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Yossi Klein Halevi is a senior fellow of the Shalom Hartman Institute in Jerusalem, and author of Letters to My Palestinian Neighbor, a New York Times bestseller.

Prime Minister Benjamin Netanyahu attends the funeral of First Class Zachary Baumel at the Mount Herzl military cemetery in Jerusalem on April 4, 2019.MENAHEM KAHANA/AFP/Getty Images

The outcome of next Tuesday’s Israeli elections could determine not only the policies of the Jewish state but its most basic democratic identity.

There are two essential stories about this election, and they tell of two very different Israels. The first is the replacement of the left-wing and venerable Labor Party with the new centrist Blue and White Party as the main opposition to the right-wing coalition of Prime Minister Benjamin Netanyahu. Hawkish on security but flexible on territorial compromise with the Palestinians, respectful of both secular and religious sensibilities among the Israeli public, the political centre is an attempt to restore balance to the often conflicting commitments of Israeli identity. Crucially, the centre embraces the entwined identities at the core of our national being as both a Jewish and a democratic state.

The second story of the election is the transformation of much of the political right into an increasingly extreme and anti-democratic force, a process encouraged by Mr. Netanyahu himself.

The emergence of a viable centre capable of challenging the right is a moment of personal vindication for me. For decades, even as the political system seemed evenly divided between left and right, I have stubbornly voted for centrist parties, most of them small and ephemeral, disappearing from one election to the next. I persisted, because I believed that Israel’s often excruciating dilemmas, especially the Palestinian issue, couldn’t be resolved by the ideologues of right or left, but only by acknowledging the legitimate insights of both camps. The centre was the ground where our competing needs of security and morality could be mediated.

Centrist Israelis have two nightmares about a Palestinian state. The first is right-wing: that in ceding the West Bank, Israel will be withdrawing to borders barely 14 kilometres wide (at Israel’s narrowest point), unable to adequately defend itself in a disintegrating Middle East. No less than right wingers, centrists fear a radical Palestinian state on the West Bank that would complete the encirclement of Israel by pro-Iranian forces – from Hezbollah on Israel’s northern border to Hamas on its southern border, along with Iranian bases in Syria. Even Israelis who support a two-state solution seek reassurance that their government will not recklessly endanger the country’s security with naive notions of “peace now.” The Middle East of 2019 is not the arena for fulfilling dreams but of preventing nightmares.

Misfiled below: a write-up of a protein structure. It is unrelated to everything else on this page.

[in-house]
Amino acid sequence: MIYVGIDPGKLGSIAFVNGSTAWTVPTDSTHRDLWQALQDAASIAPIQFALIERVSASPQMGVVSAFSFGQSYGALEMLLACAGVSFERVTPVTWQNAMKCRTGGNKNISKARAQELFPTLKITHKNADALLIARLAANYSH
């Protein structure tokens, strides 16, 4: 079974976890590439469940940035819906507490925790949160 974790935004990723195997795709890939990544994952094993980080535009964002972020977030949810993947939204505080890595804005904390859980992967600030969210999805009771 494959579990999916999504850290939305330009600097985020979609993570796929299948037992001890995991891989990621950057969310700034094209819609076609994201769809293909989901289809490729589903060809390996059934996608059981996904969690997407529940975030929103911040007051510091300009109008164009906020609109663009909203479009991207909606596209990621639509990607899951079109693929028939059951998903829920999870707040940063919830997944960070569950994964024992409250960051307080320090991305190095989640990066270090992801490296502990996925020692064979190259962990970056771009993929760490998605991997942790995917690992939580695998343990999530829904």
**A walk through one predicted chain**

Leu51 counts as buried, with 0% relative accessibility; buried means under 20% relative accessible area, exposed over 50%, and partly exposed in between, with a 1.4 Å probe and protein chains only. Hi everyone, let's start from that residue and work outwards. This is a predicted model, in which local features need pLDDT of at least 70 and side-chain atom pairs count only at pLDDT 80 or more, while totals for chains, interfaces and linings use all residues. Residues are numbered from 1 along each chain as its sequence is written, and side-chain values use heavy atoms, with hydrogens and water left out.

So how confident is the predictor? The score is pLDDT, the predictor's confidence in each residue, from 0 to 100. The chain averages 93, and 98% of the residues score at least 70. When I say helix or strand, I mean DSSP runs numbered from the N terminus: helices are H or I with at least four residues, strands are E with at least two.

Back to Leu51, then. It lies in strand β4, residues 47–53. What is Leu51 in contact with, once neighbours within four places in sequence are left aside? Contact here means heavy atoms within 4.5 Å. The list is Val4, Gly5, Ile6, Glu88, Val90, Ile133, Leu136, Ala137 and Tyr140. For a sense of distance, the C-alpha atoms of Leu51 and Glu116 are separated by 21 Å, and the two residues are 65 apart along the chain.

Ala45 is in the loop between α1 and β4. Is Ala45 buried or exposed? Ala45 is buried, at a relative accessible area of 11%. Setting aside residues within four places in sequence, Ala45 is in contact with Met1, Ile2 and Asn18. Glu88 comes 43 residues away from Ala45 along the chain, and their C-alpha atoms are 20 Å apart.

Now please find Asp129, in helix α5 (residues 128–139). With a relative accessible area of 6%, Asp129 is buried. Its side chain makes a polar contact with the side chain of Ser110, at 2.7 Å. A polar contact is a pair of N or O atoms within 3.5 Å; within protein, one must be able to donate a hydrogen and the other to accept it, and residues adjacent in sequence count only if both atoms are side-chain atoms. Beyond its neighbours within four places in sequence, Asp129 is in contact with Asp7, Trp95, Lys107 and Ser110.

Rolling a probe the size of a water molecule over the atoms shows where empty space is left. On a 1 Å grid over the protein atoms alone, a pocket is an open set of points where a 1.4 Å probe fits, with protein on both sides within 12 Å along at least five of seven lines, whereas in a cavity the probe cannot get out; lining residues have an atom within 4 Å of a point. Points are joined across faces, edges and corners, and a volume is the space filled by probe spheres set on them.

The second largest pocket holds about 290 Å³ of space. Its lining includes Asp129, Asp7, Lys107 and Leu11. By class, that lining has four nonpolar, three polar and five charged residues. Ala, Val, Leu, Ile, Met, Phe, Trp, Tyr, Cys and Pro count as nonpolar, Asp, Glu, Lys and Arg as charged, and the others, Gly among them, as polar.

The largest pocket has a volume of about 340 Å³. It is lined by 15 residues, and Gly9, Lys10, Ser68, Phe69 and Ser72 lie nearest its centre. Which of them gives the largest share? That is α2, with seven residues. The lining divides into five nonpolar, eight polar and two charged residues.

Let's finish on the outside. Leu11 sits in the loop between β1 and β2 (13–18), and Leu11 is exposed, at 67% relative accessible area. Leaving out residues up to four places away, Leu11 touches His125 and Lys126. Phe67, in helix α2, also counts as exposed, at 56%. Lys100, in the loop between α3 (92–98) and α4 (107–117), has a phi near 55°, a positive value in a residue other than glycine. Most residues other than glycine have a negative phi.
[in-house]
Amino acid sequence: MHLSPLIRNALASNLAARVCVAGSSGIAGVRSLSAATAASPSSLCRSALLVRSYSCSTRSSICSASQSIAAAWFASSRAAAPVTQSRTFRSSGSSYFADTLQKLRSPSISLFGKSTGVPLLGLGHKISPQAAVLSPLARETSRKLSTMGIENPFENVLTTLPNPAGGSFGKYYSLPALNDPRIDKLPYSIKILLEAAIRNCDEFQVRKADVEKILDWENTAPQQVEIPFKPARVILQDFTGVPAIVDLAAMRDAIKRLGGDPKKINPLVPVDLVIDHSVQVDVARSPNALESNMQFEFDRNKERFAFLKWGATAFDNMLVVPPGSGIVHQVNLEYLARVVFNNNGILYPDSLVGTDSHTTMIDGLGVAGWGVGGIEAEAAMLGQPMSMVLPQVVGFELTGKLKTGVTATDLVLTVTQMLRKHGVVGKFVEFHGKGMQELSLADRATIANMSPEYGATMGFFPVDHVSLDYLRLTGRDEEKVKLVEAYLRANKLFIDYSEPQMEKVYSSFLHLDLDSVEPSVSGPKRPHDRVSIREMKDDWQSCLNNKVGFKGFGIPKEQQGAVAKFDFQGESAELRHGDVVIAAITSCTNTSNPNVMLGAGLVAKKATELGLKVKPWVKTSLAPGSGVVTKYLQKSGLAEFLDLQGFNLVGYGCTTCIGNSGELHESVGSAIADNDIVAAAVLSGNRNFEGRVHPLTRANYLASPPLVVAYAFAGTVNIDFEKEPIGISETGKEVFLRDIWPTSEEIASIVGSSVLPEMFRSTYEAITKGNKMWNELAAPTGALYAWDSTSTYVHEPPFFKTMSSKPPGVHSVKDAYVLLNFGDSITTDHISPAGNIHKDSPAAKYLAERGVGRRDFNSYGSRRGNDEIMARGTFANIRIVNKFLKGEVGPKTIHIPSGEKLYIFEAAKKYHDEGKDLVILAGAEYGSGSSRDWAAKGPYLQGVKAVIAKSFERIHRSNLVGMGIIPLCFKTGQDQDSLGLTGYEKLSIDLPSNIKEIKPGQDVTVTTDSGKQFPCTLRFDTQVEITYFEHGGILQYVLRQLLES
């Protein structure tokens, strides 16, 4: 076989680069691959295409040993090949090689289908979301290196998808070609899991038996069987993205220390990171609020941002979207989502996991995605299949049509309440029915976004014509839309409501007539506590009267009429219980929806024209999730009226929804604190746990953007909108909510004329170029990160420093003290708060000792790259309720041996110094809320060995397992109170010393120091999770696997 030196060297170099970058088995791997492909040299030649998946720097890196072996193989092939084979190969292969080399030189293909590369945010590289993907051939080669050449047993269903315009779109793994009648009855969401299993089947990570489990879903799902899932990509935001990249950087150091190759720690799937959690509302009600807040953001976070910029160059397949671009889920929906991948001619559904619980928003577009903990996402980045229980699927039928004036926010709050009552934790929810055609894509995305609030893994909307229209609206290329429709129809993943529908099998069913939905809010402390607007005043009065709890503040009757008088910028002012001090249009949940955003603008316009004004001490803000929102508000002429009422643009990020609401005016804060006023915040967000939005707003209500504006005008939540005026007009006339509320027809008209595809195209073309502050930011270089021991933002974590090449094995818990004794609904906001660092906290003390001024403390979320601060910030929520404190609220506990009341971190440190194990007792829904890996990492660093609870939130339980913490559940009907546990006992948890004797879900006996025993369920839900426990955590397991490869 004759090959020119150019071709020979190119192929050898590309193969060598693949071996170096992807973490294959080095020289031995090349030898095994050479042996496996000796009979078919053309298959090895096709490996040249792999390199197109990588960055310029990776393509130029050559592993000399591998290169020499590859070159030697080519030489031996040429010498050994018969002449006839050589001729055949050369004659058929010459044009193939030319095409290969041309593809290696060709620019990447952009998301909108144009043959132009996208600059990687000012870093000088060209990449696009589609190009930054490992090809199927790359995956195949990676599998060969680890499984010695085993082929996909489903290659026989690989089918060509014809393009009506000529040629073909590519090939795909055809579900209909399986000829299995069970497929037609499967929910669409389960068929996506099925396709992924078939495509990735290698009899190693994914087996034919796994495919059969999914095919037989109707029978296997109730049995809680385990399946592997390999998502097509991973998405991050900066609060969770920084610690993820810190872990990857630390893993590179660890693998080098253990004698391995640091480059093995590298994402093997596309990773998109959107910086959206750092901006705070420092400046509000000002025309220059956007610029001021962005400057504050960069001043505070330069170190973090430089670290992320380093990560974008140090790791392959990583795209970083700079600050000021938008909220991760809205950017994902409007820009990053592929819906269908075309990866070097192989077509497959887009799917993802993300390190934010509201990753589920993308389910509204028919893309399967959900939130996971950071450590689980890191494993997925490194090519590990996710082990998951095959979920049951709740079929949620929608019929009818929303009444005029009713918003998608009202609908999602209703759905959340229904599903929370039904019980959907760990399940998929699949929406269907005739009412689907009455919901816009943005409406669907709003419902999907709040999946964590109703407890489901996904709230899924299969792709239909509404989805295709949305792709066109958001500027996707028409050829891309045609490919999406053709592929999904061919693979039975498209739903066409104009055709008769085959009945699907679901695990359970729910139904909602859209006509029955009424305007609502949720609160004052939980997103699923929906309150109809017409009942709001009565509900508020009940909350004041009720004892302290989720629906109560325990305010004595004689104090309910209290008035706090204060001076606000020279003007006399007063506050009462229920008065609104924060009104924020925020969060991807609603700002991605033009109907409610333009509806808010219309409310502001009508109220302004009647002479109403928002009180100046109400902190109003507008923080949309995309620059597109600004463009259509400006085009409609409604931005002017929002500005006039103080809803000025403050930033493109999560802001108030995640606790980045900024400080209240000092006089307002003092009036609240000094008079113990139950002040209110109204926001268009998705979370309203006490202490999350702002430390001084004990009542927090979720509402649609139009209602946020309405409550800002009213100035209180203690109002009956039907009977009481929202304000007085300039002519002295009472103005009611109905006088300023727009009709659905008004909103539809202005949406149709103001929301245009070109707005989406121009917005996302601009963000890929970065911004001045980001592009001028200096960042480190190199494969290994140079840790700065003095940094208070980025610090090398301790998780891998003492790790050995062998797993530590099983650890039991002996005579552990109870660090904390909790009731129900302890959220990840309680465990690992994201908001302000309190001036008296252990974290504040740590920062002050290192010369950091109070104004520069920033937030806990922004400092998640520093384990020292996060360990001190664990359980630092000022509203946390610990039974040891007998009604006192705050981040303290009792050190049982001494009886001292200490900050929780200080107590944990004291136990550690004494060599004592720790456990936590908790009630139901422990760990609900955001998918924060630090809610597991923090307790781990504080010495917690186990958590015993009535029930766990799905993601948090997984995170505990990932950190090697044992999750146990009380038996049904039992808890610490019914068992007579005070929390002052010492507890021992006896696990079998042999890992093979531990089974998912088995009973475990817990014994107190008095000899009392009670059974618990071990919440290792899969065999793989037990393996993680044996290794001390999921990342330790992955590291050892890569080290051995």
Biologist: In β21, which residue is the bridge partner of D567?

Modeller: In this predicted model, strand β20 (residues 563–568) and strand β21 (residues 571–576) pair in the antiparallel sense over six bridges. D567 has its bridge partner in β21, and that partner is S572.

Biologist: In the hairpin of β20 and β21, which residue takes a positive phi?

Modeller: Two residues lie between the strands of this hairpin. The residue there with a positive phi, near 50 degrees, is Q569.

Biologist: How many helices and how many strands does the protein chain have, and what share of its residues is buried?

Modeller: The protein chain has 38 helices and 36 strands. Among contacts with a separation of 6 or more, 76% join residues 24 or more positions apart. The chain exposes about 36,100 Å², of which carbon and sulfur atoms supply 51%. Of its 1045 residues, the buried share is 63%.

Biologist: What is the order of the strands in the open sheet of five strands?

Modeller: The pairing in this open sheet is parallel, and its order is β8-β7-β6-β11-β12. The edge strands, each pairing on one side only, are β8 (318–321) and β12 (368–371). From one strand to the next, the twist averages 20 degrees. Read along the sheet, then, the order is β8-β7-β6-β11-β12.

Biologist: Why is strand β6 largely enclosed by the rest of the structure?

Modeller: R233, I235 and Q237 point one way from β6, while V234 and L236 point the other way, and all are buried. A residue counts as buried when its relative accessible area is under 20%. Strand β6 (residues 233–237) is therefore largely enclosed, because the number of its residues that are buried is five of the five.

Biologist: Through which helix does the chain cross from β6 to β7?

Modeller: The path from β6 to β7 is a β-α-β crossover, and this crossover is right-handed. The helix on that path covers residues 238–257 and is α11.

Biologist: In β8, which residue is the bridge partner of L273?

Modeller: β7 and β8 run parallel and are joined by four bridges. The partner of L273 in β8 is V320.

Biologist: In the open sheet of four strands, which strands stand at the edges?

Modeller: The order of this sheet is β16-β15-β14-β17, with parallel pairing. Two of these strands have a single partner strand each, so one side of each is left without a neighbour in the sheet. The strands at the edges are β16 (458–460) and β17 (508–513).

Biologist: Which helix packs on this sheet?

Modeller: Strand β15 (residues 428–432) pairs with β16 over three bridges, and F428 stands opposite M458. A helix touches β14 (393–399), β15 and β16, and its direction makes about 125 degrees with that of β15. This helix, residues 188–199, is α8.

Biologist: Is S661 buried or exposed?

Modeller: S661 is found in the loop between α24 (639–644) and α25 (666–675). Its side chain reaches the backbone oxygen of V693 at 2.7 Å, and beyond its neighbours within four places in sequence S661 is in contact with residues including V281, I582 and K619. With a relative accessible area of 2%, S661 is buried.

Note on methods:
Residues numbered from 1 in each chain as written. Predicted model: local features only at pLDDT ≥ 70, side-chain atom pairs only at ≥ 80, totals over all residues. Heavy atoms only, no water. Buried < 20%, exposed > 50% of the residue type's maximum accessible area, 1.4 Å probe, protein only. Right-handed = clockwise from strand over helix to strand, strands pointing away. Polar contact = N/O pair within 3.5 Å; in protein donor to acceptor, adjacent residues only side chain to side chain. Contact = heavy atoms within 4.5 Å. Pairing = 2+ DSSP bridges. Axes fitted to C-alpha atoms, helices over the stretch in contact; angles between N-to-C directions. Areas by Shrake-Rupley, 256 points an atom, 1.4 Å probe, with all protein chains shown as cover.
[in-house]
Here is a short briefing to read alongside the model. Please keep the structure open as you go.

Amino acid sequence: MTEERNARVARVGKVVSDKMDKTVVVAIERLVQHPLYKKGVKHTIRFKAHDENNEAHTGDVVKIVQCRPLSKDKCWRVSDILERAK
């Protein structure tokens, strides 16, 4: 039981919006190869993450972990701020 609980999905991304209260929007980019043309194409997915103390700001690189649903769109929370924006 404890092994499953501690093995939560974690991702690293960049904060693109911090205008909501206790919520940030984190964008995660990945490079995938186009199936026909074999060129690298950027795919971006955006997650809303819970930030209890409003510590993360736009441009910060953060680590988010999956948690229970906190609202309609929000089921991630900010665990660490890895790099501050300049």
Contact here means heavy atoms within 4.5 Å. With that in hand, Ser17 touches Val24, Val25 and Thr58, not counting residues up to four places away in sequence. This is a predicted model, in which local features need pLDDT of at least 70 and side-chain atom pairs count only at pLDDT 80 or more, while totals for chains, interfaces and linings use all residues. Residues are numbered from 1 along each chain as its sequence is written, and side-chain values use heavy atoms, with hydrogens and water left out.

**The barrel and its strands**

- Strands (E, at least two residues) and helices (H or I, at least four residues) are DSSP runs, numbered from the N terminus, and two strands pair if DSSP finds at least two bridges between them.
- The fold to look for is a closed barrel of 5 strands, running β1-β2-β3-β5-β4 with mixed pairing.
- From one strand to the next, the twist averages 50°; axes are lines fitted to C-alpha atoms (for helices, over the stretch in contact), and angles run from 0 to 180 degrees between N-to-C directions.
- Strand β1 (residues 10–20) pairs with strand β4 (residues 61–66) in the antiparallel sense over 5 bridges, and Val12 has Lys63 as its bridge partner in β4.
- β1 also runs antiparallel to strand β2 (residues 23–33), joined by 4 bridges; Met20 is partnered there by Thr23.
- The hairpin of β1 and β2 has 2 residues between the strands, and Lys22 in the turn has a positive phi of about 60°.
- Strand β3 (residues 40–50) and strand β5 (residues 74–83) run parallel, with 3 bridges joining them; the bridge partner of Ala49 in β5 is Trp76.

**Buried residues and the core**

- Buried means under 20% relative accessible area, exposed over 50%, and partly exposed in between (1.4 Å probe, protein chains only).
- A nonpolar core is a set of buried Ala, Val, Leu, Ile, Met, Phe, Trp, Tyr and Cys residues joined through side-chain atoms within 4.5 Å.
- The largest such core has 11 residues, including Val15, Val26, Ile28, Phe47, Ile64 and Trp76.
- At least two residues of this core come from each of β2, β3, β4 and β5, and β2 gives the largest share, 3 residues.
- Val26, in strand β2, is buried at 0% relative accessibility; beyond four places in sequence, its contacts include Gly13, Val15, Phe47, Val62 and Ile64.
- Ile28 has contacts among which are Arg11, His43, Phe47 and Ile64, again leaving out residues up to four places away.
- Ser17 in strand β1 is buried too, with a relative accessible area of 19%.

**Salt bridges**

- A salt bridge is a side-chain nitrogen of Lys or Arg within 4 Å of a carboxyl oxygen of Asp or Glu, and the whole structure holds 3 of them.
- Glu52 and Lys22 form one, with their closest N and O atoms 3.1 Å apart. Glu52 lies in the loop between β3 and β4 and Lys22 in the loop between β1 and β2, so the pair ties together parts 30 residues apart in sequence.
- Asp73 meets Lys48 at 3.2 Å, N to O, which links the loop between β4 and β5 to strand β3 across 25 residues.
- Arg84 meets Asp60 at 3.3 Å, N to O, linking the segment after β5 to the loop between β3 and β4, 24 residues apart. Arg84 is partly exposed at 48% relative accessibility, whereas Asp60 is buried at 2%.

But the centrists’ second nightmare is left-wing: that the occupation of the Palestinians will continue indefinitely, eroding Israeli democracy and undermining its ability to maintain a Jewish-majority state.

If forced to choose which of those two nightmares is a more compelling threat to Israel, most centrists would arguably opt for the second. And so the centre supports policies that would lead us, gradually and cautiously, toward a two-state solution, including curtailment of settlement building and strengthening the Palestinian economy, while remaining wary of Palestinian intentions and insisting on stringent security arrangements.

If, as polls are predicting, the right-wing bloc wins on Tuesday, Israel’s five-decade debate over the future of the territories won in the 1967 war may be approaching its moment of decision. Elements within Mr. Netanyahu’s coalition have vowed that, immediately following the formation of a new right-wing government, they will initiate legislation annexing parts of the West Bank. That move will effectively end any chance for a two-state solution, dooming Israelis and Palestinians to a single state in perpetual war against itself, resembling a disintegrating Yugoslavia or, closer to home, Syria and Iraq.